I’ve eaten head cheese and Finnan haddie.

Mom used to make Finnan haddie when we were young. Not one of my faves at the time. Didn’t like her Swedish meatballs either. Maybe I would now.

She used to make Grandma Towse’s goulash — which is not really goulash by any stretch of the imagination — and humored me by letting me have the macaroni and the ground beef and the tomatoes separate on my plate. She then tossed the ingredients together for the goulash for the rest of the family. For some reason, I liked the ingredients fine apart but I thought that goulash was awful.

Note: this is the singular instance I can recall of Mom making anything special for anyone not much liking what she was making for dinner. I think it was because I wasn’t asking her to go much out of her way — just give me the separate ingredients before you mix them all together.

Had Kobe beef as part of a Dissident Chef dinner over at Crush Pad last night.

Earlier this week, after his nibs had seen my list, he said I’d already eaten both Kobe beef and horse.

“Really?” I said. “Horse?”

“Yes,” he answered. “Well, =I= had it in France and I don’t think I’ve been there without you.”

Maybe so. I have a mind like a sieve.

I meet your head cheese, Rocky Mtn.Oysters, Finnan haddie and raise you:

  • tongue (beef tongue is soul food for his nibs)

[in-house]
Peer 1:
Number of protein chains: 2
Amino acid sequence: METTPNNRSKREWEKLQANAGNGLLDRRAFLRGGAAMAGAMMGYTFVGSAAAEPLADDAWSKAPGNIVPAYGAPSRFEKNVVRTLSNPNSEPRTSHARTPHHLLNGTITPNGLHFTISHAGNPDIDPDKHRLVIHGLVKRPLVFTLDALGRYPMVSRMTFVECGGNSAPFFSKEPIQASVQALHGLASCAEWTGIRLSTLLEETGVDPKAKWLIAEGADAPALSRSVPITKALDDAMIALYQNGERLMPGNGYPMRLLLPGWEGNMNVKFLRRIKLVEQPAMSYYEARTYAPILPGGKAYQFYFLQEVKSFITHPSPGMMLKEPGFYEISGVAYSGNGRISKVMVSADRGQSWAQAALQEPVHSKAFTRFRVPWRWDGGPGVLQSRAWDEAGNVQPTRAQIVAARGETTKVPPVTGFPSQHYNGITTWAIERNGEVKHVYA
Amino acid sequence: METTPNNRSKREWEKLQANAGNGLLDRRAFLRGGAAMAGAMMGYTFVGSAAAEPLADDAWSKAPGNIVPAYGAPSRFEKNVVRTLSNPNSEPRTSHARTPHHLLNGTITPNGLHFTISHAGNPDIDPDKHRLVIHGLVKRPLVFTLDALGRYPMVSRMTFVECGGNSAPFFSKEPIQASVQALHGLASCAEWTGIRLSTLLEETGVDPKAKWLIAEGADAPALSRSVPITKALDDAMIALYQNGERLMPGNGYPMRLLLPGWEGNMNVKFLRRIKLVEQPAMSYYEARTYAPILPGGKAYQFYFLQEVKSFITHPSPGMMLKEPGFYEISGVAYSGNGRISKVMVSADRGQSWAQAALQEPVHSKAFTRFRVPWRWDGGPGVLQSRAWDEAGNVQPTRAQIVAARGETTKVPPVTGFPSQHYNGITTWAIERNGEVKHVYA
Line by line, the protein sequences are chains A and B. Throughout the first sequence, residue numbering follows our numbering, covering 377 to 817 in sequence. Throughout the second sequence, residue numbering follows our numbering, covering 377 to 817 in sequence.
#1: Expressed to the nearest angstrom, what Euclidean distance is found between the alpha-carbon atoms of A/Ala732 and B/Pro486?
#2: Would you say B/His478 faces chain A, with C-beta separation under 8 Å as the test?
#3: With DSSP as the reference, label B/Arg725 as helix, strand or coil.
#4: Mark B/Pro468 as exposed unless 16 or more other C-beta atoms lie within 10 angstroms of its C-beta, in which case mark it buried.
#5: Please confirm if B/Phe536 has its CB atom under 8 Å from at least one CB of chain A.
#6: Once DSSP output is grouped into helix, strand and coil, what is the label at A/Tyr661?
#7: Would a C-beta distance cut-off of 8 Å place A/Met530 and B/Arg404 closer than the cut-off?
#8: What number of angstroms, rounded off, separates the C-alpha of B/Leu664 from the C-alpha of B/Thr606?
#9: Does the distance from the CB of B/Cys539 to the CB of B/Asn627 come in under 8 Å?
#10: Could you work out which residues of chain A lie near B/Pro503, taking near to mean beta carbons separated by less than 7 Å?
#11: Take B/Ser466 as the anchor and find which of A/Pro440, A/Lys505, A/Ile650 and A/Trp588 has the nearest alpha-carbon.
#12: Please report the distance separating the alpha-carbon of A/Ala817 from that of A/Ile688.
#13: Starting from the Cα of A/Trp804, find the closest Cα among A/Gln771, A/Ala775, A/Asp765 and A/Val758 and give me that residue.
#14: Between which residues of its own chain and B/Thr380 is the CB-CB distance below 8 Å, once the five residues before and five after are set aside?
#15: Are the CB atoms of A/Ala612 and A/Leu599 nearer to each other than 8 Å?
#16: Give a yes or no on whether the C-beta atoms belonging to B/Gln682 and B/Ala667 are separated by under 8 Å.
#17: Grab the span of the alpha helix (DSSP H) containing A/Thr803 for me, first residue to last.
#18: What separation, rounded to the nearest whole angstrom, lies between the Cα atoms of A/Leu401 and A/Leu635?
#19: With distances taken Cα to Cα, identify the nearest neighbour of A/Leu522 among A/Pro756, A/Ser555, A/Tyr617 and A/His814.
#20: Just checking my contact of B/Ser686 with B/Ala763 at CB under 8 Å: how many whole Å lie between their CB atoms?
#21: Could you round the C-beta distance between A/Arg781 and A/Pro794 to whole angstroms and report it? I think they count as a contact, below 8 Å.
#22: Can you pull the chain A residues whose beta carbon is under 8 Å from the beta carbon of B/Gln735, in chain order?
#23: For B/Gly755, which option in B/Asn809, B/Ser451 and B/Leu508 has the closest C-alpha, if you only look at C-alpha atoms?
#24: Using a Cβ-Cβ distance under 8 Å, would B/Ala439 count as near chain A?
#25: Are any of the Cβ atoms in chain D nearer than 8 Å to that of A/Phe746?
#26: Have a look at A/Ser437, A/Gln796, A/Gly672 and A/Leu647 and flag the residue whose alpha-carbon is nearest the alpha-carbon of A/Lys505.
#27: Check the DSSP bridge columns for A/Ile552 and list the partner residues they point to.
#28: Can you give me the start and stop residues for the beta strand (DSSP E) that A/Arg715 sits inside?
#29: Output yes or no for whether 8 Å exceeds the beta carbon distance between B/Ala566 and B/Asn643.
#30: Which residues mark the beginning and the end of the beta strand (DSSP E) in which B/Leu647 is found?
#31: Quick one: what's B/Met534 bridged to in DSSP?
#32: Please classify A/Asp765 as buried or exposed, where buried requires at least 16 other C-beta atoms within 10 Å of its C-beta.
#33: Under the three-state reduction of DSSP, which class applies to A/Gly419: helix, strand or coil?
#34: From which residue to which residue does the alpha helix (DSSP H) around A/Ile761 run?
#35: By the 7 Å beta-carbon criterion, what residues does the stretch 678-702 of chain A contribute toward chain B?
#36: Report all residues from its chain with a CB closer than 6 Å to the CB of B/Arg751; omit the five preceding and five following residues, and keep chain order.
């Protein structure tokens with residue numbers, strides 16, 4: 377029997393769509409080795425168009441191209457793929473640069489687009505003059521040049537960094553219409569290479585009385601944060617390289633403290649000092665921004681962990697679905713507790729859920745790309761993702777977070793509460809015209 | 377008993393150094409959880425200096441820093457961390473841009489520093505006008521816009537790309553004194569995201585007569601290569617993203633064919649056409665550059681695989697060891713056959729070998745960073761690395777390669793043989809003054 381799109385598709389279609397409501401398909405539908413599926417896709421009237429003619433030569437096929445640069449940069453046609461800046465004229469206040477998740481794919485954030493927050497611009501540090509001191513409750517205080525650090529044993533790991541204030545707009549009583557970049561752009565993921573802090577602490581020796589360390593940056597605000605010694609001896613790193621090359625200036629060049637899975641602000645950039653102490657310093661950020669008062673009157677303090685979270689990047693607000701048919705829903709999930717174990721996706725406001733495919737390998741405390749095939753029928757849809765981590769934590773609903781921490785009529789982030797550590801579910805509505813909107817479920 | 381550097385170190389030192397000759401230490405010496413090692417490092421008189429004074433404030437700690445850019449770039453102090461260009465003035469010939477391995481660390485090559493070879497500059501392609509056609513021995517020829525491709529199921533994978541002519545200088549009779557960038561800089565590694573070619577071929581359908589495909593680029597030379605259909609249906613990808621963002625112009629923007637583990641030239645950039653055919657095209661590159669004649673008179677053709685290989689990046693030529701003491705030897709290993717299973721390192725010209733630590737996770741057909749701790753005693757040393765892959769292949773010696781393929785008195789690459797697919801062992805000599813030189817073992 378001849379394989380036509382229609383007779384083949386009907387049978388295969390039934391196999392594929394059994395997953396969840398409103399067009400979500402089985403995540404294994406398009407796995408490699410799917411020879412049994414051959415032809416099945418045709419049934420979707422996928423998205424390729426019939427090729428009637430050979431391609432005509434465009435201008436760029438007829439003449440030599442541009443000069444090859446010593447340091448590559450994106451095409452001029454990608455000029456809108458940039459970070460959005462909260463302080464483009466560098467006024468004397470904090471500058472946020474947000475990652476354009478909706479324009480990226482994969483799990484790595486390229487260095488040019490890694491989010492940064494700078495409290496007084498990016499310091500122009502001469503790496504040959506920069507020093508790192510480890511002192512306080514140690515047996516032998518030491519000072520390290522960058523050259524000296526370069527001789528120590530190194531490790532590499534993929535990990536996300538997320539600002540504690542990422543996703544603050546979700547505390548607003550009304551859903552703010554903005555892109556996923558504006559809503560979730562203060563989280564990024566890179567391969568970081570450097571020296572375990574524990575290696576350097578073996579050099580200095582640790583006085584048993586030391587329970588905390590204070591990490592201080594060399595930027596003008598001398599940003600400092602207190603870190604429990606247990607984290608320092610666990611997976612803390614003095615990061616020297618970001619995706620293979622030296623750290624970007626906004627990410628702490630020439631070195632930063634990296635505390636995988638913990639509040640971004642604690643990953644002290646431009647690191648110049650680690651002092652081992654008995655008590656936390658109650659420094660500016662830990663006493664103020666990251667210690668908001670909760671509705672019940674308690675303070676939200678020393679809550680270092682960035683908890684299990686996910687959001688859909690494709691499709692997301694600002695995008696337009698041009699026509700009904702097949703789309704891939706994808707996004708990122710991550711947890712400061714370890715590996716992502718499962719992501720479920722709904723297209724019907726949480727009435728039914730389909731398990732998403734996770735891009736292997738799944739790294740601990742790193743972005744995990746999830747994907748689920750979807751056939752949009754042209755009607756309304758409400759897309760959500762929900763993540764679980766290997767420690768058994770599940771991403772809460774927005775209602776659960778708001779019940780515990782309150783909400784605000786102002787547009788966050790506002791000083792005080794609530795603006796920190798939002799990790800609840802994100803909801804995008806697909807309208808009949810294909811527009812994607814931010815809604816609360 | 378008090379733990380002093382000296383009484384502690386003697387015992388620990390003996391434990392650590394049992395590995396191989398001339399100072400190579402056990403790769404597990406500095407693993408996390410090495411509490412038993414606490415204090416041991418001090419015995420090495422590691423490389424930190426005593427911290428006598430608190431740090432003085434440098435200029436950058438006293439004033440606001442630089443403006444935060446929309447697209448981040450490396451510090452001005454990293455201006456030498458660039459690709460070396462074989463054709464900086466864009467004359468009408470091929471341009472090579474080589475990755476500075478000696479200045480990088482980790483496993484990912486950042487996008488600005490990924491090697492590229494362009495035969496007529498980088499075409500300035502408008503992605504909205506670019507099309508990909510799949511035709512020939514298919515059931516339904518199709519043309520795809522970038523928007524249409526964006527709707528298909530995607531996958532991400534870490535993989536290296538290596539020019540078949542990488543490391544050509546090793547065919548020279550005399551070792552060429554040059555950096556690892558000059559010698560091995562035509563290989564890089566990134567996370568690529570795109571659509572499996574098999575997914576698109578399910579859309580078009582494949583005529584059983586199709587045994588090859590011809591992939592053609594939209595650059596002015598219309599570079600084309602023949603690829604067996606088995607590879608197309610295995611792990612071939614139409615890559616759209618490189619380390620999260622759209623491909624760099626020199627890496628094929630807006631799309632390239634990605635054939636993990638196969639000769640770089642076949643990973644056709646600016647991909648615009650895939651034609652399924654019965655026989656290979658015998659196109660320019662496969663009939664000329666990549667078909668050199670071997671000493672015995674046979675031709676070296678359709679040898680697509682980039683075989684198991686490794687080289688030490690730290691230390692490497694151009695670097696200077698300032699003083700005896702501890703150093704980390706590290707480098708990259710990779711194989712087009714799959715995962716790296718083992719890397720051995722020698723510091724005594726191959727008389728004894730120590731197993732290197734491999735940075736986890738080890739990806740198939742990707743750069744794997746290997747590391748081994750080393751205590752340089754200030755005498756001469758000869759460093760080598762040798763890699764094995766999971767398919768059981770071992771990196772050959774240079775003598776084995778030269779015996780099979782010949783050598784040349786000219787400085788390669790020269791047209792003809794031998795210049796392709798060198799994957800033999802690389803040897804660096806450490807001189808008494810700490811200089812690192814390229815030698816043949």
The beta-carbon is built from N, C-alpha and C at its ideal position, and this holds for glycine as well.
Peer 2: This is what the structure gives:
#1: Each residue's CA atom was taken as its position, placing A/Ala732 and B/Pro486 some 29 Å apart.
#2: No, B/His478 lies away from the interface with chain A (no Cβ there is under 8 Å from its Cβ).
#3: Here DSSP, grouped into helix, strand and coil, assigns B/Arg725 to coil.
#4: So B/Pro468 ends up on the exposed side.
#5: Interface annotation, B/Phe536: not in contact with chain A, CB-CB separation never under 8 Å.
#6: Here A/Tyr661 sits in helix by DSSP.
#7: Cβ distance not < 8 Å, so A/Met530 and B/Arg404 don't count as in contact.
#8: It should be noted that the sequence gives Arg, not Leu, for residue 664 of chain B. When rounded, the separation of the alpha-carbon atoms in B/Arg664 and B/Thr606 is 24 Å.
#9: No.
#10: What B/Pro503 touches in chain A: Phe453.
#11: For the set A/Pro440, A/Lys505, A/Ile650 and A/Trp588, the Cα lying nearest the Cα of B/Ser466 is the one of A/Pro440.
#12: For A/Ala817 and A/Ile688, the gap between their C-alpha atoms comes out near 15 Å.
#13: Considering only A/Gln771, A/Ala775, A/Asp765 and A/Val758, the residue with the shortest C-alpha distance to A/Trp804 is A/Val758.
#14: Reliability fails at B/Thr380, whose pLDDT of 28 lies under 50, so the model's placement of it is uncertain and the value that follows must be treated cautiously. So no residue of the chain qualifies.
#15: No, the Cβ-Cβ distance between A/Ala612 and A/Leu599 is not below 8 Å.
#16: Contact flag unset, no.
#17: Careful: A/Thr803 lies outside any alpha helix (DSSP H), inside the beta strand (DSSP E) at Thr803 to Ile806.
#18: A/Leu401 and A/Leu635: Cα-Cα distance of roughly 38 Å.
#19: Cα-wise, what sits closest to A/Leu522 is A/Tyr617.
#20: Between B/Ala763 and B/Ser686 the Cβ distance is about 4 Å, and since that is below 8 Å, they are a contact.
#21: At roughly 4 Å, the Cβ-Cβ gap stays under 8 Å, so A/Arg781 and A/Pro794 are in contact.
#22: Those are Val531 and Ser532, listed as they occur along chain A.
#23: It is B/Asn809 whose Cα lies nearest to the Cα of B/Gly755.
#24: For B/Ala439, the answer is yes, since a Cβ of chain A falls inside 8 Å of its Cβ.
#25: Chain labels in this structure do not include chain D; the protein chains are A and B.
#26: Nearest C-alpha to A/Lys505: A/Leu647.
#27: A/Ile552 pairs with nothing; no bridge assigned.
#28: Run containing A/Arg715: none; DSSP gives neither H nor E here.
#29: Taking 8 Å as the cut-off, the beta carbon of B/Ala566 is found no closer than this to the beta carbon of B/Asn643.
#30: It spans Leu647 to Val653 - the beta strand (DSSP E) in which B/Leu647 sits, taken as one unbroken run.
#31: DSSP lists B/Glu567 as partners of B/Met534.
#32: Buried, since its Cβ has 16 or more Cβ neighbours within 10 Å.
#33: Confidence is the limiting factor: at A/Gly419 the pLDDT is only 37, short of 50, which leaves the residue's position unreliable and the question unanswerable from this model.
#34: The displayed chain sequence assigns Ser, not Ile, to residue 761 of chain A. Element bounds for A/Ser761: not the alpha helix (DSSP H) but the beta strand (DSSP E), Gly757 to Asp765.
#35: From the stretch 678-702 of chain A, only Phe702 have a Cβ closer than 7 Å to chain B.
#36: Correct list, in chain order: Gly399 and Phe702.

• pork or lamb kidney (kidneys of any sort. I like them. his nibs doesn’t.)
  • tarasun (Buryat ‘vodka’ distilled from soured milk)
  • fiddle-leaf ferns
  • yak (We passed on a chance to eat yak eyeballs.)
  • Retsina
  • chicken feet
  • scrapple
  • tripe or menudo

and I’ll stop there.

August 22, 2008

Fish Tale Has DNA Hook – Students Find Bad Labels

Filed under: food,news,technology — Towse @ 9:25 pm

Fish Tale Has DNA Hook – Students Find Bad Labels –

Two teenagers, recently graduated from high school, decided to check whether the fish in restaurants and at the fishmongers is really what it’s labeled as.

Upshot? They found 25% of the fish with DNA they could identify had been mislabeled.

(The mislabeling usually meant the fish was identified by the seller as a more expensive fish than it really was. Shock.)

The teenagers shipped the fish off to someone at FISHBOL who did the DNA analysis using a newish technique that is simpler and cheaper than a full-bore analysis.

Bad enough that your wild-caught salmon might not be wild-caught. It might not even be salmon!

August 19, 2008

Beautiful soup, so rich and so green, bubbling in the soup tureen

Filed under: food,web2.0 — Towse @ 8:25 pm

via Paula — foodie stuff, which originated over at Andrew Wheeler’s Very Good Taste.

I so seldom do these things … but this appealed. I’d never have seen it but for Paula. Thanks, Paula!

The Omnivore’s Hundred

Below is a list of 100 things that I think every good omnivore should have tried at least once in their life. The list includes fine food, strange food, everyday food and even some pretty bad food – but a good omnivore should really try it all.

1) Copy this list into your blog or journal, including these instructions.
2) Bold all the items you’ve eaten.
3) Cross out any items that you would never consider eating.
4) Optional extra: Post a comment at linking to your results.

1. Venison
2. Nettle tea (no … yak butter tea though)
3. Huevos rancheros
4. Steak tartare
5. Crocodile (not that I remember. …)
6. Black pudding
7. Cheese fondue
8. Carp (not that I remember. …)
9. Borscht
10. Baba ghanoush
11. Calamari
12. Pho
13. PB&J sandwich
14. Aloo gobi
15. Hot dog from a street cart
16. Epoisses
17. Black truffle
18. Fruit wine made from something other than grapes – I don’t recommend Maui pineapple wine.